Still, healthy people can handle a certain amount of cellulose in their diets. Although the pancreas does not produce enzymes to digest cellulose, the healthy bacteria in our guts do! Our internal ecosystem produces the enzyme cellulase, which helps break cellulose down into simple sugars. Here’s the catch, our digestive system must house plenty of friendly bacteria to produce this digestive aid.
How can you improve your digestive fire and encourage better digestion of raw foods? Follow these nine steps to give yourself and family the advantage:
1. First order of business is to create a stellar inner ecosystem by consuming plenty of fermented foods and beverages abundant in beneficial microflora. If you and your family haven’t hopped on the lacto-fermentation bandwagon yet, consider a high quality probiotic supplement until you can work these foods in on a regular basis.
2. Accompany all cooked meals with fermented condiments and/or beverages, such as live-culture yogurt, kefir (dairy, water or coconut water), kombucha, live sauerkraut, or other fermented veggie mixes, salsa and chutneys. Remember, fermenting foods begins the pre-digesting process and boosts enzyme content, making these foods easier to assimilate. When you eat them with cooked food, they support good digestion of the entire meal. Thus, you have the best of both worlds—the nutritional advantage of consuming gently cooked foods and the stellar enzymes provided by accompanying super-charged raw fermented foods, which more than make up for the loss of enzymes through cooking.
3. Fit in some raw animal protein and fats (from high quality sources), preferably daily, such as raw dairy foods (milk, cream, kefir, unheated yogurts, ice cream), raw fish (ideally fermented), and raw muscle or organ meats (such as steak tartare, freezing meat for at least two weeks before consumption to eliminate parasite risk), and egg yolks (see side bar What’s the Story with Raw Eggs?). Contrary to today’s practices, in native diets animal products are typically consumed raw or fermented more often than vegetable foods.
4. Chewing is often overlooked as an important aspect of digestion. The process of chewing and thoroughly tasting our food sends signals to the digestive tract about what to expect in terms of nutrients and which enzymes will be needed to assimilate them. (This is one good reason to avoid gum chewing.) Taking your time, chewing each mouthful of food at least twenty times per bite, is ideal for breaking down food and allowing saliva to do its work.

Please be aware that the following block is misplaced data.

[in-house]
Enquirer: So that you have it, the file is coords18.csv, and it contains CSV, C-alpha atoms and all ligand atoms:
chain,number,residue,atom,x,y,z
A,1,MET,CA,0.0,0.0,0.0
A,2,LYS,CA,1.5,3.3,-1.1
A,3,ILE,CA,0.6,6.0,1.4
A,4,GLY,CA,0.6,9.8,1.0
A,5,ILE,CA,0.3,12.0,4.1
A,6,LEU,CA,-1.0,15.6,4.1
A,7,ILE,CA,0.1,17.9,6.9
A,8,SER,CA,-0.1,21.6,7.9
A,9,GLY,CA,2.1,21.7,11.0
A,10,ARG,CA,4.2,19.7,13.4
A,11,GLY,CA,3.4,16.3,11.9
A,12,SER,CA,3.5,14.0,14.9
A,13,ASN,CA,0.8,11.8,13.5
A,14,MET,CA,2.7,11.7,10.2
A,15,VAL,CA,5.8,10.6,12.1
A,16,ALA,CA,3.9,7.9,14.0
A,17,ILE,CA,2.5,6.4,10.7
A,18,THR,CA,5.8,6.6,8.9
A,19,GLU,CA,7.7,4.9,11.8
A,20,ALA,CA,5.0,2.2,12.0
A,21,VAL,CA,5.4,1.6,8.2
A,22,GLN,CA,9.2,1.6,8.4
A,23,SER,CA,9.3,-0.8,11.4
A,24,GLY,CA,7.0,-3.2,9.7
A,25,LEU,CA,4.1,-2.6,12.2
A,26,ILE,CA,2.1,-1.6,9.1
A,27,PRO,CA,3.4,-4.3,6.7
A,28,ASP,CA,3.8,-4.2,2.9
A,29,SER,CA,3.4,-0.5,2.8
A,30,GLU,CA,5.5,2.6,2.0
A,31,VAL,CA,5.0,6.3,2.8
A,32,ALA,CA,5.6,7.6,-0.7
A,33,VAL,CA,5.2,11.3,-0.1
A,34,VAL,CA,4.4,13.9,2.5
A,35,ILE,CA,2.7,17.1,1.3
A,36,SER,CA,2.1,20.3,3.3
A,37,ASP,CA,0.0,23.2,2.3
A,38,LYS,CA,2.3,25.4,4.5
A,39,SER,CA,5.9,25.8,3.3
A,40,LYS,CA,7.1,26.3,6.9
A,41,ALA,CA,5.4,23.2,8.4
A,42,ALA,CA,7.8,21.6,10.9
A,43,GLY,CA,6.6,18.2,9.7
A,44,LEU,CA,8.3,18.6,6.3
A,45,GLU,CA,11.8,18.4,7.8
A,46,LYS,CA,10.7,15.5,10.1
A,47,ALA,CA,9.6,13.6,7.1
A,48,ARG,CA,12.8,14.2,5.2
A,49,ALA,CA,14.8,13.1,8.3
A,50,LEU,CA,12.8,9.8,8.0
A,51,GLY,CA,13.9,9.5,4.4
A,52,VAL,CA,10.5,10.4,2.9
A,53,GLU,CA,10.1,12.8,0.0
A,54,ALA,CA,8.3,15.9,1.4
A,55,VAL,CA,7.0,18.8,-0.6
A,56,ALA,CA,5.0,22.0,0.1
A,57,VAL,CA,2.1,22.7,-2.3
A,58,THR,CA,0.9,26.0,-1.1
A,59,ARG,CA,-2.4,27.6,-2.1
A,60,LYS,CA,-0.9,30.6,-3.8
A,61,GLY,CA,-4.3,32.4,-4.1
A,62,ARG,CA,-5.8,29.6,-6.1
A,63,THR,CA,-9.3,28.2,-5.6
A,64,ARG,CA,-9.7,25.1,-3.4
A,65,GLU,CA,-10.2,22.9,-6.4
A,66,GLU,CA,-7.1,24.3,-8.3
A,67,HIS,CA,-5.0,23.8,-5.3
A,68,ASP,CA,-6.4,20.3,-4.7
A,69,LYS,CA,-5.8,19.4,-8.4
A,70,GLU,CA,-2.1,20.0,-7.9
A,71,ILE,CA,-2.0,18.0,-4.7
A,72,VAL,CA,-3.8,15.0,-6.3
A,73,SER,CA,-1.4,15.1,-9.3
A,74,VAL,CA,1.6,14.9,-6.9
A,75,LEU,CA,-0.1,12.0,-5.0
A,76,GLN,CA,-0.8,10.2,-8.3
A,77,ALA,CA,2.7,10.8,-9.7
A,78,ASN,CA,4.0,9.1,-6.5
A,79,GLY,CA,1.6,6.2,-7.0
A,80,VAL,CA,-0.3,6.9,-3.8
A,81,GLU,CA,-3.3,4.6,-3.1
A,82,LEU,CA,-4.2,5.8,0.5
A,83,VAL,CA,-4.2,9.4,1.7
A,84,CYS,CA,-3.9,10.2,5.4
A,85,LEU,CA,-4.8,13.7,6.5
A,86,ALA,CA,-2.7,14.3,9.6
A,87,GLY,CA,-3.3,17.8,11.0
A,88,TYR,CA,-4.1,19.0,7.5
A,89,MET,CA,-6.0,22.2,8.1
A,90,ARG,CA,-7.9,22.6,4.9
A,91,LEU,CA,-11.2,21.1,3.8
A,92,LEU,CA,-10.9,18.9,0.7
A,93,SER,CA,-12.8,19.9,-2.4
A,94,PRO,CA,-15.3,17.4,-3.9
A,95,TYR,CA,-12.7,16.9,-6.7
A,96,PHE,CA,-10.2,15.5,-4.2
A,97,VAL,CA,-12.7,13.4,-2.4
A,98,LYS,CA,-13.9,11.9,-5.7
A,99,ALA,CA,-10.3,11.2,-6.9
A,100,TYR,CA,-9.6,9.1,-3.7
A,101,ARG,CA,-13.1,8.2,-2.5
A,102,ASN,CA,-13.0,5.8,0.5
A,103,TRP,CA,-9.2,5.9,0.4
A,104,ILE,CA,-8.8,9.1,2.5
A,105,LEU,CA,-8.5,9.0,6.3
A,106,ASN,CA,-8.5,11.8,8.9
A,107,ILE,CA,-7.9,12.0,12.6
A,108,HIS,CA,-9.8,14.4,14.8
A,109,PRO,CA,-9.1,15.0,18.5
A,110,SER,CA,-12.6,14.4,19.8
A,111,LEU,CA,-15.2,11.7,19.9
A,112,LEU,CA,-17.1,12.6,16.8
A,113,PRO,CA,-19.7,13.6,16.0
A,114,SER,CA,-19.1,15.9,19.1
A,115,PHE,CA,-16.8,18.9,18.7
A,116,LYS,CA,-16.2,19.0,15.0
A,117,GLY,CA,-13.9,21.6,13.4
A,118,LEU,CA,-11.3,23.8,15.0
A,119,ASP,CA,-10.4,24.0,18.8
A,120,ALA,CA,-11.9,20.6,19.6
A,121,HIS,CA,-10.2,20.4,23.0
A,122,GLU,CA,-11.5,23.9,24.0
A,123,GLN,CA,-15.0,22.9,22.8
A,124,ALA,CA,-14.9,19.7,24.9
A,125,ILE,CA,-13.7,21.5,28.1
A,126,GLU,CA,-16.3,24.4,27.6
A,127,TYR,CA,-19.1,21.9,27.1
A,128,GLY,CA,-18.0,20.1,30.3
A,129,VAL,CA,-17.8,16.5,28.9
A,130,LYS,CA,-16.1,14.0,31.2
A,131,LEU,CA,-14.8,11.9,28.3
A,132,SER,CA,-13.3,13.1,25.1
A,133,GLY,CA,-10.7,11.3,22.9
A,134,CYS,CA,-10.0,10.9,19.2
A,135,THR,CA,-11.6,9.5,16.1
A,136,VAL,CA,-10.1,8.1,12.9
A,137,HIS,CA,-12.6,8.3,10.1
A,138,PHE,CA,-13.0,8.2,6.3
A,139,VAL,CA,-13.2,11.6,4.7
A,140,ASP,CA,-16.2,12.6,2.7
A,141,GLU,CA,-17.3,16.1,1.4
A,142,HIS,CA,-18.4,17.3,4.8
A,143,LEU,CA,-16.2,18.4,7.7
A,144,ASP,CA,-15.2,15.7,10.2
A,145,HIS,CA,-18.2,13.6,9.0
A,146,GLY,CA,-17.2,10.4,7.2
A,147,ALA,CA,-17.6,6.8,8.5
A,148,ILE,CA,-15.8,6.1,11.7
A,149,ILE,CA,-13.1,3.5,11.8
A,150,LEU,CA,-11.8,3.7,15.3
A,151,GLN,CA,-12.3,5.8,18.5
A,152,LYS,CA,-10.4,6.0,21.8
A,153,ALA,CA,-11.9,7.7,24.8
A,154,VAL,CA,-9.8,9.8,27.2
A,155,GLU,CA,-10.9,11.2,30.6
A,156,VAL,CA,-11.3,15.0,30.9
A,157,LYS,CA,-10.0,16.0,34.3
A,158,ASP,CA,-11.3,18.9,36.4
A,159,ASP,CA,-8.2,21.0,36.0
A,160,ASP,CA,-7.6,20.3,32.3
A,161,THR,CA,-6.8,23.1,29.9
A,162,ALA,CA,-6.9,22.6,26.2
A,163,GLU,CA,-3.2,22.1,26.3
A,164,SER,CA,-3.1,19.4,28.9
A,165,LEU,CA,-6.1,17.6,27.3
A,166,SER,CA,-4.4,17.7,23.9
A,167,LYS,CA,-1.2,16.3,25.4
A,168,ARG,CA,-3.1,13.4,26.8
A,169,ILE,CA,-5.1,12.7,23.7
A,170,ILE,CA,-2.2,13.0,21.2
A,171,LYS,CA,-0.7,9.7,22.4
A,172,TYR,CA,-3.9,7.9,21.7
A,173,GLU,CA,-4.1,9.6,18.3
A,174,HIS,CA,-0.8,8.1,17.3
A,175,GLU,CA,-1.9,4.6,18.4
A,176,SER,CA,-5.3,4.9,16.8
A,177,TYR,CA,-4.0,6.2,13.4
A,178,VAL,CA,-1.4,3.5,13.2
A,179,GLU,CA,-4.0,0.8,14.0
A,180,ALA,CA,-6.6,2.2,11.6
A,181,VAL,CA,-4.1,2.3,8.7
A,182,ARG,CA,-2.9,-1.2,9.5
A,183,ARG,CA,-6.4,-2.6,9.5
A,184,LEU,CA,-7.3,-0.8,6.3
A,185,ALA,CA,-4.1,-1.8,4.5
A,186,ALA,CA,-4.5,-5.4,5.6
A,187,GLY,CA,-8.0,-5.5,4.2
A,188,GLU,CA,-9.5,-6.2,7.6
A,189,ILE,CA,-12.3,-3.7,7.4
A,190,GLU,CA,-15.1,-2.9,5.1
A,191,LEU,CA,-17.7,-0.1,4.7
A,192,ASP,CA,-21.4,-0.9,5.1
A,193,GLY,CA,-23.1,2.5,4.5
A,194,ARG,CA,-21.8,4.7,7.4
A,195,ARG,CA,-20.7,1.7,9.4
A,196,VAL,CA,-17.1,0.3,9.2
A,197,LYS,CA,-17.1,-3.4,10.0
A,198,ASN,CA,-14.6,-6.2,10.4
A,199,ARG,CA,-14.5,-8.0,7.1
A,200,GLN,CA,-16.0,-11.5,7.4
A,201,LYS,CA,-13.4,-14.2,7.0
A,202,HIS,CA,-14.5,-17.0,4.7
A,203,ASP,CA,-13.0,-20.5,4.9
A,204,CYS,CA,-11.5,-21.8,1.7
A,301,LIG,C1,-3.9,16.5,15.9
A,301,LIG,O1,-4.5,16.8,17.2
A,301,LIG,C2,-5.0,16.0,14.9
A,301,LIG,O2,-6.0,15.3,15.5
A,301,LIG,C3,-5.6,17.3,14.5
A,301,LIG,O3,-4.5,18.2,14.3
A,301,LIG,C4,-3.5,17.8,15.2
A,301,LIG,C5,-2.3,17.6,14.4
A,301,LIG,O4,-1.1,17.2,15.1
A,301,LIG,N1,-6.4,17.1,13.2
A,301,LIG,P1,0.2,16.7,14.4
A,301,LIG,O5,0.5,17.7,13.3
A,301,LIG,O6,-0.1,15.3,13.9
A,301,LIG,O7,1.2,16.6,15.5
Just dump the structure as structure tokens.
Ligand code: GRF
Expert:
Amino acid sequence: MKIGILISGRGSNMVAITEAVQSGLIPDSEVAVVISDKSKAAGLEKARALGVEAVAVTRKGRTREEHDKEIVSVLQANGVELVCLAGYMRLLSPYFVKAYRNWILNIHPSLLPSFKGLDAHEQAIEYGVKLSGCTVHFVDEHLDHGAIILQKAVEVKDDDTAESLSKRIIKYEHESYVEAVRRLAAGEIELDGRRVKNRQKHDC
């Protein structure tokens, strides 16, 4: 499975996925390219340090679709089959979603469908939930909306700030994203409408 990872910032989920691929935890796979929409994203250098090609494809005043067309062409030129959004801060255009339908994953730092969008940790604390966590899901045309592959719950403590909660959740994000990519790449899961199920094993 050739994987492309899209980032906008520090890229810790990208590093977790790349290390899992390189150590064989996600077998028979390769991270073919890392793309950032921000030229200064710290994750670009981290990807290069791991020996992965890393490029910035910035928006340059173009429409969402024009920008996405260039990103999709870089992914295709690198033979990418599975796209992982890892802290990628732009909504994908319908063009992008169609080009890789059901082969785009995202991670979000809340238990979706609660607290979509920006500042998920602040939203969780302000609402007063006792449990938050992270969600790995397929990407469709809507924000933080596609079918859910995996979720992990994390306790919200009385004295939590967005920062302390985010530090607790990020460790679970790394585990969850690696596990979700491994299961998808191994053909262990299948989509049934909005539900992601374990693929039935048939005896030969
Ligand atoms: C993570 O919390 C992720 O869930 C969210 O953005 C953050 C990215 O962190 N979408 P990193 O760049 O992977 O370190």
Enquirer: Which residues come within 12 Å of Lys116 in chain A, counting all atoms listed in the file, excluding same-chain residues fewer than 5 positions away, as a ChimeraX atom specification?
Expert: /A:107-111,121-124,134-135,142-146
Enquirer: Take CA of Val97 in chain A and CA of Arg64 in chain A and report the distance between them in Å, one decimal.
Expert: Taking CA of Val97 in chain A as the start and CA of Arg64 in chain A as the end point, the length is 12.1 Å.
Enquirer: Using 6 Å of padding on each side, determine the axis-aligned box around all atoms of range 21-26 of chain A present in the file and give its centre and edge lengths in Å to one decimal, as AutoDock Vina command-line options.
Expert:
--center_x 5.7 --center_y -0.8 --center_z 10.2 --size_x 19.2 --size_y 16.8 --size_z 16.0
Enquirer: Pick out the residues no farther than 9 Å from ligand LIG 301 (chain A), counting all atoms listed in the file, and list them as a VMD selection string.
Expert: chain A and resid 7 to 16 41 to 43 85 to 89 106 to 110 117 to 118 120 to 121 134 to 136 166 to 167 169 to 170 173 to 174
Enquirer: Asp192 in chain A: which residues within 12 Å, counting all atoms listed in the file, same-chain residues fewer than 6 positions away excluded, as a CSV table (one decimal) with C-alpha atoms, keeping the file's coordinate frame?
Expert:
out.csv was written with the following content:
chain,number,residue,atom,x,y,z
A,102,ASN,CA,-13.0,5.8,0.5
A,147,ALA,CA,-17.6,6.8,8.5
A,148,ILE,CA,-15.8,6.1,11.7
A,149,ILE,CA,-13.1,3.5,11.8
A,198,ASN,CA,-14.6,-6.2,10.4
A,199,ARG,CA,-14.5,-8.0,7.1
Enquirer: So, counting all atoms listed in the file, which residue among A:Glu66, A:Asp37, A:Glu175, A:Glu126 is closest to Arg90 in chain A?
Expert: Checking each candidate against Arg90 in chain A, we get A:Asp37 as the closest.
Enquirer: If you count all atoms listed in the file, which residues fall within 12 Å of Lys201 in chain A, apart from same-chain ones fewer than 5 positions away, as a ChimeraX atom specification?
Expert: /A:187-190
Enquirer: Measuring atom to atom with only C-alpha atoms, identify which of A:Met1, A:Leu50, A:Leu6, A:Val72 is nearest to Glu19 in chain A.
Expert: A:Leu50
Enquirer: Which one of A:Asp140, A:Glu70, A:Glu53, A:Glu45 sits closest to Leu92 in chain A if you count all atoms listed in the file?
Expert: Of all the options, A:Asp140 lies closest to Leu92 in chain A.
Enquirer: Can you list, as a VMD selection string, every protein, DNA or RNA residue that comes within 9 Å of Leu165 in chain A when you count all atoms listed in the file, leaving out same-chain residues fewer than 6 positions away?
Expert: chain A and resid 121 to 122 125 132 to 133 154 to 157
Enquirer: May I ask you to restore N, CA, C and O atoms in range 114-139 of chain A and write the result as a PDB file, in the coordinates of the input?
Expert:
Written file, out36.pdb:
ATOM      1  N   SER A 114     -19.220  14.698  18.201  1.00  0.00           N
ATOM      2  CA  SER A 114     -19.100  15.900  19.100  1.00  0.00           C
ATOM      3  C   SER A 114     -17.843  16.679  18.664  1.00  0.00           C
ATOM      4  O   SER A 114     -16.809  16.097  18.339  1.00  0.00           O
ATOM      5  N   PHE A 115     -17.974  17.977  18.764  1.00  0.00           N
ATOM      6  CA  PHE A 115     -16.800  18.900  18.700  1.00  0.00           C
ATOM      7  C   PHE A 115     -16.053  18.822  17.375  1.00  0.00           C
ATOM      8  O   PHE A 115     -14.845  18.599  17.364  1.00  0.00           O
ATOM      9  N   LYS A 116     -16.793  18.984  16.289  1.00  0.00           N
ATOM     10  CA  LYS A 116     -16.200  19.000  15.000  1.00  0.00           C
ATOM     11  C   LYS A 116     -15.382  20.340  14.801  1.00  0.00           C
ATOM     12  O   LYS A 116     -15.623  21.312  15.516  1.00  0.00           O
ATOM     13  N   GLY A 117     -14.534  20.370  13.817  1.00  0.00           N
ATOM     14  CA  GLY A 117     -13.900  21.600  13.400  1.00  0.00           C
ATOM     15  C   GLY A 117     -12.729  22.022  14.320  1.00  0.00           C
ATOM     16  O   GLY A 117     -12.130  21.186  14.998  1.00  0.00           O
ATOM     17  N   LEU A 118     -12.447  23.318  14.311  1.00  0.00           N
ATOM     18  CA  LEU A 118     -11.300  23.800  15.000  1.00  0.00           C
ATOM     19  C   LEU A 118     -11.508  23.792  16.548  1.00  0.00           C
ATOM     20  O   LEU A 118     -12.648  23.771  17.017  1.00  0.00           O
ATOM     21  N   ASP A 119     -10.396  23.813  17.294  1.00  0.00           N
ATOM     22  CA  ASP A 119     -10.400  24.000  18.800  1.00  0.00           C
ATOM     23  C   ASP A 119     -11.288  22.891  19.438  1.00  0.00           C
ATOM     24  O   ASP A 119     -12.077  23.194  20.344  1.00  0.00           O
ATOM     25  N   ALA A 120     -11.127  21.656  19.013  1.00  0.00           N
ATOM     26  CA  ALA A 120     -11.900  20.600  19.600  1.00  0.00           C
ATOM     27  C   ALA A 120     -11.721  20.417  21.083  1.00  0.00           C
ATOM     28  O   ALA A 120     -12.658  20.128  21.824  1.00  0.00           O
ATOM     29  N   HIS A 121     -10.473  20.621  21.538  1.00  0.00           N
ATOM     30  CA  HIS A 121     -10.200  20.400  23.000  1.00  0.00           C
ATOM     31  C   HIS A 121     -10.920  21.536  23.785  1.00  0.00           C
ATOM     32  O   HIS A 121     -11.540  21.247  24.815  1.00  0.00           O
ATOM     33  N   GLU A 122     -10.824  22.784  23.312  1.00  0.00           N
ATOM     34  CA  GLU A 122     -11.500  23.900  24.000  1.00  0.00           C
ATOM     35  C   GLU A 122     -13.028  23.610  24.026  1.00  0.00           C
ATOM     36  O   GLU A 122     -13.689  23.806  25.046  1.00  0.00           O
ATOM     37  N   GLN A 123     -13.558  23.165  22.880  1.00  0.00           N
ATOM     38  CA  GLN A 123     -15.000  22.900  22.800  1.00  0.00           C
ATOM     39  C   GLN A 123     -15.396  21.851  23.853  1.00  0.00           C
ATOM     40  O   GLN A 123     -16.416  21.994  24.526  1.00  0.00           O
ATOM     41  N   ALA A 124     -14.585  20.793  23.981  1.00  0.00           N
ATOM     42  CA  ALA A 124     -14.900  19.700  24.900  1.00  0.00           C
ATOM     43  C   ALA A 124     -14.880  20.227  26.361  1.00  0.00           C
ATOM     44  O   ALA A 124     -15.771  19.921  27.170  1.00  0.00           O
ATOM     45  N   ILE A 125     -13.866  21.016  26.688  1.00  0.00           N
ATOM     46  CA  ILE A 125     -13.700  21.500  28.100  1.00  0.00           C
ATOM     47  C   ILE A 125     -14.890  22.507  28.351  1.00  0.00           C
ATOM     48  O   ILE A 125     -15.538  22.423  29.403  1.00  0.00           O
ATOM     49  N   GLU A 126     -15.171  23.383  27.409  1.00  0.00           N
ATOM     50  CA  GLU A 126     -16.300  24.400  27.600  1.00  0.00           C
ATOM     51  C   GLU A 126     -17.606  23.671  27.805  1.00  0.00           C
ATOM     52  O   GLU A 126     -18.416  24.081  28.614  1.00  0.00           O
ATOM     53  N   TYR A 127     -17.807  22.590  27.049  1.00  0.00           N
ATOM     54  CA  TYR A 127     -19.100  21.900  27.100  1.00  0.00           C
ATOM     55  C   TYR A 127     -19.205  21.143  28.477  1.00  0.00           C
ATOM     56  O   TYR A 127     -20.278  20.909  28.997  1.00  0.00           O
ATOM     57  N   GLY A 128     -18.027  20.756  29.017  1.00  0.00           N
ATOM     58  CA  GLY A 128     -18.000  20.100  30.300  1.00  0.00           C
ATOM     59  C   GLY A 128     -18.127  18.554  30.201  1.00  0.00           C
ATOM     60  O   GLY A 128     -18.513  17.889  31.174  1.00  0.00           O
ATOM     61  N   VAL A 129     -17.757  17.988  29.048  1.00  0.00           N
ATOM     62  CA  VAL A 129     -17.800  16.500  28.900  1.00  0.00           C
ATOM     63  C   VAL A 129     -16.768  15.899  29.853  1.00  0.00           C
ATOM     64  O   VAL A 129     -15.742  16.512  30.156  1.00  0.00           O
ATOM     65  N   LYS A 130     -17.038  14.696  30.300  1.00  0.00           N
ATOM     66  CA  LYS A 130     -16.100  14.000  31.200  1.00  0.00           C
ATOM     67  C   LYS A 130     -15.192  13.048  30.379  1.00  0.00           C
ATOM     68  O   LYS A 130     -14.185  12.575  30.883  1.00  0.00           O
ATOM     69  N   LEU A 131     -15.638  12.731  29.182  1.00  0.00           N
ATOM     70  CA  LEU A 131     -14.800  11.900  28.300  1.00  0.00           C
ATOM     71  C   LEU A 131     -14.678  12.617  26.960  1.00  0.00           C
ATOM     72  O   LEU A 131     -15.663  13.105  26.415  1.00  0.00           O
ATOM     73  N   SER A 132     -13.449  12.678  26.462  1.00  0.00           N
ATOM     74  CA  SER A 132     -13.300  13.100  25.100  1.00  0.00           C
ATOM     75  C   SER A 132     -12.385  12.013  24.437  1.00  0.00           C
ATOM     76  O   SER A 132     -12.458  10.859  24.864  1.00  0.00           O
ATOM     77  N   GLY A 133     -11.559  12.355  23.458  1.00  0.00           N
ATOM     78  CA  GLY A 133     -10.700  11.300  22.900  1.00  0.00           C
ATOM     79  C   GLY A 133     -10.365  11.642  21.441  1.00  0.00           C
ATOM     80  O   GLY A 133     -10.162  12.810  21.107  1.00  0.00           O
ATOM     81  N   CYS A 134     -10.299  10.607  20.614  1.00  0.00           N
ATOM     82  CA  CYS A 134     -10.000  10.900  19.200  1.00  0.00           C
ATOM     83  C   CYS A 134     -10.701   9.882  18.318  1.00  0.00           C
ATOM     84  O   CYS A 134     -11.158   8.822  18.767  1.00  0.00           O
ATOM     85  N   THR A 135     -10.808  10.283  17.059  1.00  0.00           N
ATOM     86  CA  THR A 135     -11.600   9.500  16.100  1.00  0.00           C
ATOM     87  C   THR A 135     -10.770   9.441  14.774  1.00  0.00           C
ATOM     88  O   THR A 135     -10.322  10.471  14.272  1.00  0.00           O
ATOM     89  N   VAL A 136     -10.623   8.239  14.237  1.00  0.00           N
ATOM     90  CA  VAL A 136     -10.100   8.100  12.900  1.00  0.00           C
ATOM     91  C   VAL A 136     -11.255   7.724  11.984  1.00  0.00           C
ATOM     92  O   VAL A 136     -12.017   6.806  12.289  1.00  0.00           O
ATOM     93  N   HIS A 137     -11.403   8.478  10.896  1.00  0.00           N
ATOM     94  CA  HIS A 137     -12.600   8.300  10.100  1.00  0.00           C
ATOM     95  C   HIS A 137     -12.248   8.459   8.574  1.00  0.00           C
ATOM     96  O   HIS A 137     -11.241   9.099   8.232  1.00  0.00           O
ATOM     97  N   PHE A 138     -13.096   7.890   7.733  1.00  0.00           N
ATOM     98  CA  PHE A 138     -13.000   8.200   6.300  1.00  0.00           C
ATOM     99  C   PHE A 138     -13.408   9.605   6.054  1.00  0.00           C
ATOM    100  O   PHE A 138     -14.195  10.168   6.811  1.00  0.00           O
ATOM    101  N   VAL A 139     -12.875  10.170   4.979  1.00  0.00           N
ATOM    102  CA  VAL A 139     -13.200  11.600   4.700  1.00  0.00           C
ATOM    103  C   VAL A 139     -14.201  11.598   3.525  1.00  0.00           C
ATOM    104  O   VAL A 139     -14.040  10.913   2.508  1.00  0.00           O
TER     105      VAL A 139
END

5. Emphasize high-enzyme foods—dates, figs, tropical fruit, raw dairy products, sprouts, etc.
6. A good rule of thumb is to serve your family a variety of raw as well as gently cooked fruits and vegetable—not all cooked, not all raw. Make adjustments necessary to accommodate the state of your family’s digestive health, and if digestive fires are running low, cook more often to soften the cellulose. Gently steaming, stir-frying, sautéing, slow cooking, stewing and baking are all good methods.
7. Soak all beans and legumes and soak, germinate, and dry all nuts and seeds at low temperatures. Ideally, avoid further cooking of nuts and seeds to protect the oils residing within.
8. Choose organic or biodynamically grown vegetables, especially if you are going to consume them raw. Pesticides not only block a plant’s absorption of nutrients needed for enzyme production, but inhibit the body’s enzyme systems as well.
9. Blending breaks the cellulose cell wall apart, making digestion of the fiber less challenging. Blender drinks, smoothies and blended soups are fun, fast foods that can be quite refreshing and nourishing. In fact, you can include a number of superfoods that frequently go undetected, making them a fantastic mix for more suspicious family members (see the Superfood Smoothie recipe below). Just be sure to try to “chew” these blended meals and don’t gulp them down, allowing time for saliva enzymes to do their work.